The Egyptian government has reopened the issue of the property tax law and, in 2014, announced that it seeks to amend it. The processes of implementing the tax law and its progress have, however, remained shrouded in secrecy ever since.
Arguments over the law’s efficacy have become more frequent, as the majority of Egyptian homes are not registered in the Egyptian Real Estate Registration Office.
Expectations for FY 2016/2017
The estimated value of property taxes is EGP 2.4bn, according to the minister of finance’s adviser for taxes Amr El-Moneir.
El-Moneir added that this figure is still under study and must be approved by parliament before becoming effective. The ministry expects to collect EGP 1.1bn of the aforementioned figure, the minister’s aide said.
He added that previous estimates set for collected taxes were exaggerated.
Efforts to impose the property tax law have been recurrent but the actual ability to enforce it has proved challenging. The first attempt to apply the property tax law, or the real estate tax law, was in 2008 but the legislation’s implementation has been delayed several times since it was issued.
Parliament’s 2008 law was heavily criticised and therefore was never applied.
Property taxes were addressed again in 2011, following the 25 January Revolution, with the Supreme Council of Armed Forces (SCAF) proposing a law and saying it would be applied in January 2013.
The law was never applied. However, following his appointment to office, former president Mohamed Morsi proposed his own tax law and said the law would be implemented by fiscal year (FY) 2013/2014.
Morsi’s proposed tax law was amended to include commercial and industrial units as well as residential units.
The exemption limit for residential units was set at EGP 2m. The rental value of a unit was calculated by adding the estimated land price, the estimated building price, and deducting the estimated maintenance cost. The value of property taxes were set at 10% of the rental value.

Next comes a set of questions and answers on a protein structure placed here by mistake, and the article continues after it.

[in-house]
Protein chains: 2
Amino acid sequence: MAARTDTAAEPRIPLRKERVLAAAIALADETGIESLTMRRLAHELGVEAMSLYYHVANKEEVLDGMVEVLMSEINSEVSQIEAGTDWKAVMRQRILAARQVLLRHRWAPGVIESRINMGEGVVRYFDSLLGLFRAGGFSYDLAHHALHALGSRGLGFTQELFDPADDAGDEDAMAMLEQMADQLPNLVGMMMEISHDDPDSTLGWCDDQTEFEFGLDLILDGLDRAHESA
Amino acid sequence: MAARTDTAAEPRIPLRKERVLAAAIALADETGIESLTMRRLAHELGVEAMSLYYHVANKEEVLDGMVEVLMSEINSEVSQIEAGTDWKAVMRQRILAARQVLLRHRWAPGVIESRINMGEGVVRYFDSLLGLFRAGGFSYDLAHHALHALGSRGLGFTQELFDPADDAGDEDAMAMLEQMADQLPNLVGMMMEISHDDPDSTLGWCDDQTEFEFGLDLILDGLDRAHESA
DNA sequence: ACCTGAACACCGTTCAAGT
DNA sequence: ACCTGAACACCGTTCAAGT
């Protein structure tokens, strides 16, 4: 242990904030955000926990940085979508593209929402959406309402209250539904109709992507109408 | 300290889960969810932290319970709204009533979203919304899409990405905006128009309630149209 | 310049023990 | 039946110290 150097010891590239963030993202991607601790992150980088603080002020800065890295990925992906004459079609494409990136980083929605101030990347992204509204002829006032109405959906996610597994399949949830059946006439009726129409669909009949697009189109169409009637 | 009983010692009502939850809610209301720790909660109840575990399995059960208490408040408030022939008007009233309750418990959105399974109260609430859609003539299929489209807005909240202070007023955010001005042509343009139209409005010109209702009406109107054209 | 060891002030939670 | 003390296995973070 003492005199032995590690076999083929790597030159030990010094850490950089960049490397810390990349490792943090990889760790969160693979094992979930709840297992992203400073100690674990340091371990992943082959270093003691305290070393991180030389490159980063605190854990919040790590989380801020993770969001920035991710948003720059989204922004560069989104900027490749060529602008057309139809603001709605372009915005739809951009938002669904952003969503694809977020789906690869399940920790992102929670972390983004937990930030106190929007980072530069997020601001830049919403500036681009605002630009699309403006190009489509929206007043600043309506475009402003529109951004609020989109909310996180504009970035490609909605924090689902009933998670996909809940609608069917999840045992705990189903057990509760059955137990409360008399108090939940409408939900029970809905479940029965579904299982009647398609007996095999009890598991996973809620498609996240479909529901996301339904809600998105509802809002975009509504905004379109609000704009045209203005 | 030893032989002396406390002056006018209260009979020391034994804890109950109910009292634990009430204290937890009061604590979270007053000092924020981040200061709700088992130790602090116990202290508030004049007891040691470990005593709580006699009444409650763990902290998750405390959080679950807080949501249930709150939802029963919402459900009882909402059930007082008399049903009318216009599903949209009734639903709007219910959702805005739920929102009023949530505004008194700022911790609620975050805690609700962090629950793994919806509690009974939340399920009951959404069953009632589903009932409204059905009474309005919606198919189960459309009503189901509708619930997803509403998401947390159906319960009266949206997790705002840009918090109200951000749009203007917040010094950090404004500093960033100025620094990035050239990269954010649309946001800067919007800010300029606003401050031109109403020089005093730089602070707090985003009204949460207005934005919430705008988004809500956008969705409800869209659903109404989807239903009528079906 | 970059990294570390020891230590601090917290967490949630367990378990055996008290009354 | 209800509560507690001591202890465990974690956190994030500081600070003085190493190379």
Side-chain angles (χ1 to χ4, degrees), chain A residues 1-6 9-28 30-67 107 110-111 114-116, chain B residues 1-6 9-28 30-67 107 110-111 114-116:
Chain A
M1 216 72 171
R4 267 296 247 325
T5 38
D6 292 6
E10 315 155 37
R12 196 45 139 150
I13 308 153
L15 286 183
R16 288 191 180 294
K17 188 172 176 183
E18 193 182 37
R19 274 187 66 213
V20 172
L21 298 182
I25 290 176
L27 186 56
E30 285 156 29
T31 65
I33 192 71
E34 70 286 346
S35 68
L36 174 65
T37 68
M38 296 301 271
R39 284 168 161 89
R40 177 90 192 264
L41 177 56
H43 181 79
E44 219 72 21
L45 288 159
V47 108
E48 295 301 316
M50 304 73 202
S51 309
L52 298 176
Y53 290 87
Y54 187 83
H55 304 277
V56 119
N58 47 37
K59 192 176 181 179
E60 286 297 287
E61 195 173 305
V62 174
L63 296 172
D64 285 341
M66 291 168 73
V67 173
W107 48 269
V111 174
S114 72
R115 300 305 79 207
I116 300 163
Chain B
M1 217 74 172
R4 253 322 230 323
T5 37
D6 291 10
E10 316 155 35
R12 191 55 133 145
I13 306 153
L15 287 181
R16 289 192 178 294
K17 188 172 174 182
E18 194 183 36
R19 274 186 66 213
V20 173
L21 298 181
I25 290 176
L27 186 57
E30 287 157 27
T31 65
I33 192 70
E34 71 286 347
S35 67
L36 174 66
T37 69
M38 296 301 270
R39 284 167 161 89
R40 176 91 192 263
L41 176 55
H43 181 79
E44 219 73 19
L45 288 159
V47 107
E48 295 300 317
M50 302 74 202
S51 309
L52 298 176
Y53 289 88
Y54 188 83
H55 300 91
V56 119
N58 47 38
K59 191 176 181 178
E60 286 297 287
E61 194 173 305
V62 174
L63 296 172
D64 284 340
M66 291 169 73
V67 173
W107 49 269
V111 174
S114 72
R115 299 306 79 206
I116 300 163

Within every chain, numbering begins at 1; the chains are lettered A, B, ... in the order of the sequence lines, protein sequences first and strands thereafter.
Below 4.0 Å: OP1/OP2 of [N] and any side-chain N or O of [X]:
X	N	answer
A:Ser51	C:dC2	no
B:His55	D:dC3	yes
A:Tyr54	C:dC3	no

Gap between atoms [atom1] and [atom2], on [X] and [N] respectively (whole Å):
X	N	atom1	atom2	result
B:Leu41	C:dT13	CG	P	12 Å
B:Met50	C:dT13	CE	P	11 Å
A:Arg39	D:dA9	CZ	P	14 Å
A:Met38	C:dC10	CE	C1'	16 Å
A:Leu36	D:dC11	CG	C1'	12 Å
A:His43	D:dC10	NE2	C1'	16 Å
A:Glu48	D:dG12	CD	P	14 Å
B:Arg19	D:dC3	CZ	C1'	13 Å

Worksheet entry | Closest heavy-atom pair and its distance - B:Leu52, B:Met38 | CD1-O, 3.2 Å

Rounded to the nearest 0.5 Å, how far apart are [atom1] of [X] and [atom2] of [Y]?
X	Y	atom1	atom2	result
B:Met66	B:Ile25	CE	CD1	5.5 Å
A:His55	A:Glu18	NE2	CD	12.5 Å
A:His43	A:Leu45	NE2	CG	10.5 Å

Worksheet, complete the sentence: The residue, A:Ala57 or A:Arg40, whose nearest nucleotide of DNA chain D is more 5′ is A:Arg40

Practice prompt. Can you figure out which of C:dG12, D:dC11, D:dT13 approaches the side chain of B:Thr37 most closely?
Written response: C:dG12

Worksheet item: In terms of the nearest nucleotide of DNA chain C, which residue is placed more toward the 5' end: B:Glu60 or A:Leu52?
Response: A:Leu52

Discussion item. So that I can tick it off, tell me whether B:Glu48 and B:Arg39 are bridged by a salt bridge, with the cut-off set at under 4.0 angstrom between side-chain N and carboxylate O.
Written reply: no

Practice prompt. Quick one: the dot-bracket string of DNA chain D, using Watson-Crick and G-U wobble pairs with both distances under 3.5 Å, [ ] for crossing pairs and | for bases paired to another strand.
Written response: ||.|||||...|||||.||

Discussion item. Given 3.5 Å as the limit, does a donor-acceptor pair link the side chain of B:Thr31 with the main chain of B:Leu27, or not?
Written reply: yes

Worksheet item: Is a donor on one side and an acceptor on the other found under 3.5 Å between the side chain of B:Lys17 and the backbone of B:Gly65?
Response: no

The ousted president’s government also decided that non-profit organisations, hospitals, orphanages, and schools would be exempted.
Once again, the proposed law was never applied, as Morsi was ousted before the date for the law’s implementation had arrived.
In November 2013, with an interim government leading the country, talks on the law’s application re-emerged. The government’s version of the law was a close reflection of the one proposed by ousted president Morsi.
The law also included residential and non-residential units and exempted those who owned units worth EGP 2m or less. The law also exempted commercial units worth EGP 100,000 or less.
The new introduction would promise 50% of collected taxes to marginalised areas.
“The previous law exempted the owners of residential properties worth EGP 500,000, disregarding the collective value of the number of homes owned by one person, and this did not achieve social justice,” a statement from the ministry said at that time.
The property tax law was scheduled to take effect in July 2013, but was postponed due to political turmoil in the country.
In March 2014, then interim prime minister Ibrahim Mehleb announced that the government approved a draft law to amend the 196/2008 property tax law.
Mehleb said that committees would be established in every governorate to determine property tax values by surveying and evaluating properties’ rental values according to the condition, geographical location, and associated facilities.
In July 2014, the Egyptian cabinet announced that it passed the new tax law. The cabinet asserted that applying such a law would help increase tax revenue by 25%.
The increase in collected revenue would be allocated to the development of marginalised areas, the cabinet said. The cabinet-approved law exempted residents who owned properties valued at less than EGP 2m.